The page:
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Need ID for aluminum chassis and funky slimline chassis


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#1 Ted Bier

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Posted 28 December 2016 - 03:31 PM

Hi all!

 

Been looking around in my box of stuff from the closet! Found these two chassis.

 

The aluminum one is 1/24 adjustable and on all four corners those axle houses are rotate!!

 

The other I think is also 1/24, slimline and funky! Look at that magnet in the back, and oh ya.... it runs!!

 

Anybody know what they are?

 

Thanks!

 

Ted

 

3Fchas.jpg

 

3Fchas1.jpg

 

3Fchas2.jpg






#2 Cheater

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Posted 28 December 2016 - 03:52 PM

Ted,

The upper chassis is a common Dynamic chassis, in the version they termed Dynaflex. What you call rotating axle housings are actually attached to the main chassis part via springs. The idea was to provide a form of suspension but in all honesty, it was a terrible design and worked poorly. These Dynaflex chassis worked a lot better if they were epoxied solid like the earlier Dynamic chassis.

Here's a couple pics of a Dynaflex chassis design, including one that has a hinge between the rear motor carrier and the guide tongue and front axle assembly.

 

dyna3.jpg

df.chassis.jpg

Dynamic Models was a very prolific manufacturer of slot car chassis parts and cars in the '60s. To get an idea of the vast variety of stuff they produced, click HERE to see a series of posts made here by Sweden's Bertil Berggeren in 2010.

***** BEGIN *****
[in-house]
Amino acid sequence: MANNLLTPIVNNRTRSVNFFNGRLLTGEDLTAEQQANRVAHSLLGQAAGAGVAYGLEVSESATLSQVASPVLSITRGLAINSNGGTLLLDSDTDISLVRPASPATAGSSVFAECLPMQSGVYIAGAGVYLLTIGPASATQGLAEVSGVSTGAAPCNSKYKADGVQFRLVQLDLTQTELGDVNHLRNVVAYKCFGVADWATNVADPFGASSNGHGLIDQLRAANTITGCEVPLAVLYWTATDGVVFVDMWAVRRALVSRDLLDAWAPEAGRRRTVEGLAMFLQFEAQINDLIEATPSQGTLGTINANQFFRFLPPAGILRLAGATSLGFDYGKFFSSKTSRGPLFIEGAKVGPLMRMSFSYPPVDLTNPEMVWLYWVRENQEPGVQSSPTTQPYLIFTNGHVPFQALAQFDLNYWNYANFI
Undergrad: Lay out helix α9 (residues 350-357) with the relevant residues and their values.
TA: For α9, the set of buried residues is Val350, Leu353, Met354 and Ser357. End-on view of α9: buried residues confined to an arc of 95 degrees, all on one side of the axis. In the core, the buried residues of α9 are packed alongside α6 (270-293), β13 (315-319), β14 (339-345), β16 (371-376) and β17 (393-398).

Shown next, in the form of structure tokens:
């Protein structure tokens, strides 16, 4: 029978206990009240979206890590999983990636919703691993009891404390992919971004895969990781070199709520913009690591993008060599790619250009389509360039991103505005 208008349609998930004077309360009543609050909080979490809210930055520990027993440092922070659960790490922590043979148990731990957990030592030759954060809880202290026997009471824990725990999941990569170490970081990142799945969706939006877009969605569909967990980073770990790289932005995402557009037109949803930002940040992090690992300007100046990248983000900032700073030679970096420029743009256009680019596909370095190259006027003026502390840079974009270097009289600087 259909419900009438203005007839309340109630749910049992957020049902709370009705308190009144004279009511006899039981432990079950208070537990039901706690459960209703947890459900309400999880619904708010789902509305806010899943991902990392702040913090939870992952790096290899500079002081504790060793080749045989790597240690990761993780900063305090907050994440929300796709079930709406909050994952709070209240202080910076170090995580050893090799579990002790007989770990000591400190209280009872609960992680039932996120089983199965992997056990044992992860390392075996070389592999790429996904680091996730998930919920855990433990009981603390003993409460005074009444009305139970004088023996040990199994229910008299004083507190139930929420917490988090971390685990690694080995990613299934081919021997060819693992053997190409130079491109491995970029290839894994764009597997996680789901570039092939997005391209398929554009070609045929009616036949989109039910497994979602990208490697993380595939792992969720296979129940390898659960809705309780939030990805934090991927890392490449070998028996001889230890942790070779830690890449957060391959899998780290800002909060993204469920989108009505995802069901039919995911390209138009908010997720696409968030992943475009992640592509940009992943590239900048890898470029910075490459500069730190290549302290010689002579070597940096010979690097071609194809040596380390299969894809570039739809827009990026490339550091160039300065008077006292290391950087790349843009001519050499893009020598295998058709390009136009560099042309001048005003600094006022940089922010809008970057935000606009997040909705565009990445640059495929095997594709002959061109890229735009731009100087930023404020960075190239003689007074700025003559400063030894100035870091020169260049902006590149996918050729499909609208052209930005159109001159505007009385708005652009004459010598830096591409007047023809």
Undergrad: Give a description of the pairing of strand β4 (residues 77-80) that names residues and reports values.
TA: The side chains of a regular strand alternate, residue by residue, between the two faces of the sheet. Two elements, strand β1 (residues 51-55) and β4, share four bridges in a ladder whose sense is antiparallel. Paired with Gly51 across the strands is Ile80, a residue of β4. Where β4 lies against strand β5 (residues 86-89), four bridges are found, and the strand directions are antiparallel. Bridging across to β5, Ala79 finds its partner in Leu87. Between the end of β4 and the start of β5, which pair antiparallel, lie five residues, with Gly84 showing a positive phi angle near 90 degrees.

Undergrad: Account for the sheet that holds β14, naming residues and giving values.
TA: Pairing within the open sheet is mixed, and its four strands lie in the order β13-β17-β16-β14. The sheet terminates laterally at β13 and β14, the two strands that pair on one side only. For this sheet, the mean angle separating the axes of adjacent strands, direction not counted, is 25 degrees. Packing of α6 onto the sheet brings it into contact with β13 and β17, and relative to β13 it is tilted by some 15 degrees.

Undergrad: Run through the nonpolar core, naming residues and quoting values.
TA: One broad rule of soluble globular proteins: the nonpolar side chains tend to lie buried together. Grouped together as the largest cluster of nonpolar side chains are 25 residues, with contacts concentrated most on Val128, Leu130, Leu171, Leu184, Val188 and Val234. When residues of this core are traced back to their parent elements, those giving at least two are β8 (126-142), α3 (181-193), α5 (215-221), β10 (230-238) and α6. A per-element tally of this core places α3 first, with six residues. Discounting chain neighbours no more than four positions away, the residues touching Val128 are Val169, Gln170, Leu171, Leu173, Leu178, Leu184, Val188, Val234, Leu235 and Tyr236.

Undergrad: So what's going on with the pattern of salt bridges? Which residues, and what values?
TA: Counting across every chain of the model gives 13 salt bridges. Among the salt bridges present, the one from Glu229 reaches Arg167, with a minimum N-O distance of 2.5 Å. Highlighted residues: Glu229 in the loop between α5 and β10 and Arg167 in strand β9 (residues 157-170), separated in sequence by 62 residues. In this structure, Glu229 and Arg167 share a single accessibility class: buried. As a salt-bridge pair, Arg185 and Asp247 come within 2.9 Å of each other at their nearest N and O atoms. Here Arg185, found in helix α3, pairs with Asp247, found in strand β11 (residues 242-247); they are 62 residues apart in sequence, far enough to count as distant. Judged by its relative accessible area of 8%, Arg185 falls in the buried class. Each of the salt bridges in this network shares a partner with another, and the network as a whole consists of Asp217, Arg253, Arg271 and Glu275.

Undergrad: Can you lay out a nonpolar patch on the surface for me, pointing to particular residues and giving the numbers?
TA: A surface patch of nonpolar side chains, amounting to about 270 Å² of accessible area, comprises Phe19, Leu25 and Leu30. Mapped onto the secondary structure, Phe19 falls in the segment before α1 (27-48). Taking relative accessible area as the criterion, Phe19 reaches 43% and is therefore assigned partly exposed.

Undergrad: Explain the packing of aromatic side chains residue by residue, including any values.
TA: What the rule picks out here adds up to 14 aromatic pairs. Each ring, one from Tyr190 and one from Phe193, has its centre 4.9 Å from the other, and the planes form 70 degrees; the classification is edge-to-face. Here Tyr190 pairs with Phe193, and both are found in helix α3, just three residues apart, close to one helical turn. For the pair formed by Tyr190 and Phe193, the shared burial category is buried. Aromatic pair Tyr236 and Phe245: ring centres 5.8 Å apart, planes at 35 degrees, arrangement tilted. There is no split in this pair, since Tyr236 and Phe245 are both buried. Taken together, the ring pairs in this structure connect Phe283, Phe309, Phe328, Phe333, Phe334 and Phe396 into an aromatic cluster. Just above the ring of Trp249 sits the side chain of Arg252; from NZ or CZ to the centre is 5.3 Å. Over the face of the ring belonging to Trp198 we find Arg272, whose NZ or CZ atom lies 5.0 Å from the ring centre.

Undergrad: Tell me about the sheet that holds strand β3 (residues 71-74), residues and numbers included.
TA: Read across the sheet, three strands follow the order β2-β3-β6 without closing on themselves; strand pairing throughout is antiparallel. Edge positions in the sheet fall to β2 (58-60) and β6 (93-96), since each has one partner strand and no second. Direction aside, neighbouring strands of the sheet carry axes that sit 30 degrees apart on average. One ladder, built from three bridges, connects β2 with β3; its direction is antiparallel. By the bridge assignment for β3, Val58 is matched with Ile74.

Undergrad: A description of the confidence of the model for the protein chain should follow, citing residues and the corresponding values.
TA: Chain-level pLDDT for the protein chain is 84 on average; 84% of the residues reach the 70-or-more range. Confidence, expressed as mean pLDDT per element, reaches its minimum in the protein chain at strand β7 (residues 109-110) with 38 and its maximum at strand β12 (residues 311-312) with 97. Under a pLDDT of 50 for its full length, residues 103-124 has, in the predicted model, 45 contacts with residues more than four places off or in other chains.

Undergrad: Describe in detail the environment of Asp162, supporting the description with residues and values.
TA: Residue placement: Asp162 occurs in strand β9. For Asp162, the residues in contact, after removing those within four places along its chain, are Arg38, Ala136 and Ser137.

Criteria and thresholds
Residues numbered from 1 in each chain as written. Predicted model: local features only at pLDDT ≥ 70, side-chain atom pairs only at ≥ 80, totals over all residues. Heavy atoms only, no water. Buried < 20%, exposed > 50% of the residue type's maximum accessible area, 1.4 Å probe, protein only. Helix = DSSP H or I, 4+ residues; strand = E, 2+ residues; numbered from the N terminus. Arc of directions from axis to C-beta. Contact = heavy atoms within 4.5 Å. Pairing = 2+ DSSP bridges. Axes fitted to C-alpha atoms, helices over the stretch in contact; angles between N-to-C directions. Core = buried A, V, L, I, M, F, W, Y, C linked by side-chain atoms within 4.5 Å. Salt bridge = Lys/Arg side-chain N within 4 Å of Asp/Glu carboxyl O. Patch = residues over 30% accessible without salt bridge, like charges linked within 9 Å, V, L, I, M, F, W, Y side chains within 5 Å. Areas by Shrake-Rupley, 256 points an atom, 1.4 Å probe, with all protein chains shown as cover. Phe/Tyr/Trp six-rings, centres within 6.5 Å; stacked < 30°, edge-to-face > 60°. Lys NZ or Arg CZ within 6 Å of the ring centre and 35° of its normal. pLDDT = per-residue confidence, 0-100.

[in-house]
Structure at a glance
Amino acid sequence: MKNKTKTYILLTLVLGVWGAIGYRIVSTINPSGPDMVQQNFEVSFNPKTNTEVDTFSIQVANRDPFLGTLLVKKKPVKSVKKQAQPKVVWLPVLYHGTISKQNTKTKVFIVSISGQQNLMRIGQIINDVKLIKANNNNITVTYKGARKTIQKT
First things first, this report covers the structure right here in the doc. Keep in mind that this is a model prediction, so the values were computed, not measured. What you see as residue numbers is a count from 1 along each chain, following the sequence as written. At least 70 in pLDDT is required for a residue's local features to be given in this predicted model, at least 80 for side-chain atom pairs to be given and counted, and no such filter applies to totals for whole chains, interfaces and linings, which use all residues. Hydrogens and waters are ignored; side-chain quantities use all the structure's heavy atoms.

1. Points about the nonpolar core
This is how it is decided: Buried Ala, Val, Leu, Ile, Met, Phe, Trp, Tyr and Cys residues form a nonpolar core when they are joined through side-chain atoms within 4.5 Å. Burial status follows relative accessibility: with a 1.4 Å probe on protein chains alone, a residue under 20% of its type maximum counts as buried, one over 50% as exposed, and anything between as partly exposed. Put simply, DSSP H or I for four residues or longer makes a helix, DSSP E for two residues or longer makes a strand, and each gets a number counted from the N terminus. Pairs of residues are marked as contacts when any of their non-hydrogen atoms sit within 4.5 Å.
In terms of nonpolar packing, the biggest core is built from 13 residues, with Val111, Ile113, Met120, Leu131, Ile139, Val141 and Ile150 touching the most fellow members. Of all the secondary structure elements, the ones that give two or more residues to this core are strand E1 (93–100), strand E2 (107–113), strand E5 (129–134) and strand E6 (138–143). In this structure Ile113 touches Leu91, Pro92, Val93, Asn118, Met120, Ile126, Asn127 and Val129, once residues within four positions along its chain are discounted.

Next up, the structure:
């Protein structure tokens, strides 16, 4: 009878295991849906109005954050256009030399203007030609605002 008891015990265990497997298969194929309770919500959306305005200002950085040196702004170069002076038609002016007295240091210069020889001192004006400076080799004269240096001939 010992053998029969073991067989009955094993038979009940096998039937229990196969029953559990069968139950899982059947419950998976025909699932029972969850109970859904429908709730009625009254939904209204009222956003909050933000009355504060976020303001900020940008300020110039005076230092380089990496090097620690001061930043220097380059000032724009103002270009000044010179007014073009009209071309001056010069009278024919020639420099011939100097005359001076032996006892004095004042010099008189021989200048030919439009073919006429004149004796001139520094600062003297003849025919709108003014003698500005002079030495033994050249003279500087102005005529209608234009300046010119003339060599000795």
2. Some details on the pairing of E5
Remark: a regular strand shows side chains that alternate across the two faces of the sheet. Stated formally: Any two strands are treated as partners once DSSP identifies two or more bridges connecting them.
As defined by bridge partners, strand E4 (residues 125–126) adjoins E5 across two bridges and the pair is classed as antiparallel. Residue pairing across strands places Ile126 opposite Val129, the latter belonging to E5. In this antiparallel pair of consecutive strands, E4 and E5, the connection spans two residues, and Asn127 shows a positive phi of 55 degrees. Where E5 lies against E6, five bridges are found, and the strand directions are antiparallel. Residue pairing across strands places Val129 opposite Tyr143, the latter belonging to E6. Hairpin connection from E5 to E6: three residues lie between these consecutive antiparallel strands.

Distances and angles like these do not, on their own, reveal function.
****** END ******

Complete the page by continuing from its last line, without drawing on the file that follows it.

The slimline "chassis" is actually just a motor with a built-in rear axle carrier. Never knew much about these, as they were already obsolete when I got involved in the hobby; there were several companies than made motors like this. One of the other sharp slot car historians here will have to ID it for you.


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#3 Dave Crevie

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Posted 28 December 2016 - 04:33 PM

The motor is an Altlas from the early/mid '60s. I used these quite a bit since the Pittman motors of similar design were mostly five pole, and had a lower RPM.

 

The brush system on the Atlas motors was the weak point. The coil springs could go limp if the power arched through them, so keeping the brush holders clean inside was critical.

 

By the time Pittman started supplying their motor with three pole arms, can motors had taken over.


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#4 don.siegel

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Posted 29 December 2016 - 07:05 AM

A couple quick corrections on the motor: that's the Atlas AT406, designed for 1/24 scale cars, and has ball bearings. From the mid-'60s, in 1965 or '66, when Atlas released their two sports cars, Lola T70 and Ferrari P2, with these motors. The smaller version of this motor, the AT206 or 208, was used on their 1/32 cars and their 1/24 F1 cars - and is still very popular in vintage races! 
 
In fact, Pittman already released a three-pole arm motor in 1963, the original DC196, and that was the "hot" motor for a couple of years, and it was soon rewound or modified with a five-pole DC65X arm (hi, Rick!). 
 
Don
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#5 Steve Speedway

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Posted 12 November 2017 - 03:21 AM

Hello. I'm an Altas motor fan. I have read about the AT-406 and I have a few of them, remagnetized, ready to go into 1/32 slot car chassis and a couple of 1/24.

However, Im have having trouble with giving one motor a tune-up. 

I bought an Atlas tune-up kit off ebay.  Each spring allows the carbon brush to fit inside, but the springs are too wide to fit inside the brass retaining screws.